You are using an older browser version. Please use a supported version for the best MSN experience.

Barnett's office 'out of control': Morton

AAP logoAAP 19/09/2016

A former WA minister has accused the premier's inner sanctum of an "out of control, undermining, threatening, bullying and intimidating" culture that sidelines cabinet members, including leadership challenger Dean Nalder.

Helen Morton, who lost her portfolio in the biggest cabinet reshuffle in Colin Barnett's eight-year reign in March, said one staffer was a particular problem.

While Ms Morton would not name them on ABC radio on Monday, she said she would raise the matter at a party room meeting on Tuesday, which is already set to be explosive with the prospect of a leadership spill.

"A particular member of staff who I felt so strongly about was having such a demoralising and destructive and divisive impact across my staff that I banned that member of staff from having any further contact with me, my office or my staff," she said.

The offending staffer was "attempting to engage with people to rearrange policy ideas that had already been confirmed by cabinet" and made it hard for media advisers to know who they had to answer to, constantly summoning them to the premier's office.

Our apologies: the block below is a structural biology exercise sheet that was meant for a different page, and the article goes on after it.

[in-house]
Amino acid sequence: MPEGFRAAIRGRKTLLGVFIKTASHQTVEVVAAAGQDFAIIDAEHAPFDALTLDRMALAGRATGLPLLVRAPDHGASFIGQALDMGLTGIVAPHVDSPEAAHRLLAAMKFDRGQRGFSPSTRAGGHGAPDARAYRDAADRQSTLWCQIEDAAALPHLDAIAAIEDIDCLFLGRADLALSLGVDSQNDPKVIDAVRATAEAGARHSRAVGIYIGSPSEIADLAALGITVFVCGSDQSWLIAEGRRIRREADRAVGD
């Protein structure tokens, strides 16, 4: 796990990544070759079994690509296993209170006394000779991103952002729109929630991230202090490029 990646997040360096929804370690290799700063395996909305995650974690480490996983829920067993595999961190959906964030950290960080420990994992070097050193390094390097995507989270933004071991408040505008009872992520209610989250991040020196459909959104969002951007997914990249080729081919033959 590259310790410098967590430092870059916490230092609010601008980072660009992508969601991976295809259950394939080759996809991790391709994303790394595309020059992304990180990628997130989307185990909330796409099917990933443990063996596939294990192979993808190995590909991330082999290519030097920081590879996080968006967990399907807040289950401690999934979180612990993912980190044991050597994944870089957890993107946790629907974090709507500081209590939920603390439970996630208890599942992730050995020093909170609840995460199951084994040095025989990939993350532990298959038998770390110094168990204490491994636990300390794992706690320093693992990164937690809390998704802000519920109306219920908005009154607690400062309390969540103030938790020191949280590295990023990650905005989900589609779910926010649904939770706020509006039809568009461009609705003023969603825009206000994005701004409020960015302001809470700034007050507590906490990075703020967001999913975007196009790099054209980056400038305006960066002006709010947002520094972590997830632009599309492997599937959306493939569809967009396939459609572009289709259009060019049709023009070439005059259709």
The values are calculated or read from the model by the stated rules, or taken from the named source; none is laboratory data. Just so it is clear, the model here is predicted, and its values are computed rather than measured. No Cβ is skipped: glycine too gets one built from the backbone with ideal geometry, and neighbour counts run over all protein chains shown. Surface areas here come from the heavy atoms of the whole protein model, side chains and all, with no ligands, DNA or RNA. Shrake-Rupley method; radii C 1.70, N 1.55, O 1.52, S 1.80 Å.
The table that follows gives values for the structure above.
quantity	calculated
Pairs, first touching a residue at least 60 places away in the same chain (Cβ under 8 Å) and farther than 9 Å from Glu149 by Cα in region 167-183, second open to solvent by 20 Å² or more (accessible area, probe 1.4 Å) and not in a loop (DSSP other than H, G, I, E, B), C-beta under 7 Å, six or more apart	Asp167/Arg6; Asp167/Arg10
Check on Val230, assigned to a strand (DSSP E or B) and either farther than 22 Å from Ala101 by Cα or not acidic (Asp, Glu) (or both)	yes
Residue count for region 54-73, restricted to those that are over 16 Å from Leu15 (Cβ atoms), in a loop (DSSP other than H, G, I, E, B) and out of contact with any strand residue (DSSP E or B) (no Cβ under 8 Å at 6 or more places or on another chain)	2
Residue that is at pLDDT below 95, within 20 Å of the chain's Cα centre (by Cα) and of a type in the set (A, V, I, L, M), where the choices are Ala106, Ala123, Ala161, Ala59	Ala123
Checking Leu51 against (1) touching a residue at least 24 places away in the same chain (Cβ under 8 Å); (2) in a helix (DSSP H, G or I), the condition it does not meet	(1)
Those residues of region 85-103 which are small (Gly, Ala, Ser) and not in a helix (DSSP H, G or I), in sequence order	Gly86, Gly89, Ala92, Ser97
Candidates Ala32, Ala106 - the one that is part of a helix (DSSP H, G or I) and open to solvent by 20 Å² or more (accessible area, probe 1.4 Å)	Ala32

Ms Morton said she didn't think banning the staffer from her office cost her the cabinet role but contributed to it.

But the problem was broader than just one individual.

"That machine that surrounds the premier is out of control."

Ms Morton said she spoke with Mr Nalder and Tony Simpson after they quit cabinet at the weekend and confirmed they had experienced similar problems.

Mr Barnett said he had no idea what she was referring to.

"I really, honestly don't know what Helen is talking about," the premier said.

Ms Morton said he needed to take responsibility for the office culture, which was set by the leader.

"I'm not even sure if the premier is fully aware of the impact that some of this behaviour is having on ministers around their offices," she said.

While she believed Mr Barnett had done a great job, voters in the eastern metropolitan region had signalled the Liberals would only get a third term with a different leader.

But she stopped short of saying she would support Mr Nalder, saying he "had a bit of a job done on him by the premier's office".

"I'll be waiting to see who puts their hand up, but at the moment, I'm saying that I'm not prepared to basically cast adrift this metropolitan region to keep the current leadership in place."

image beaconimage beaconimage beacon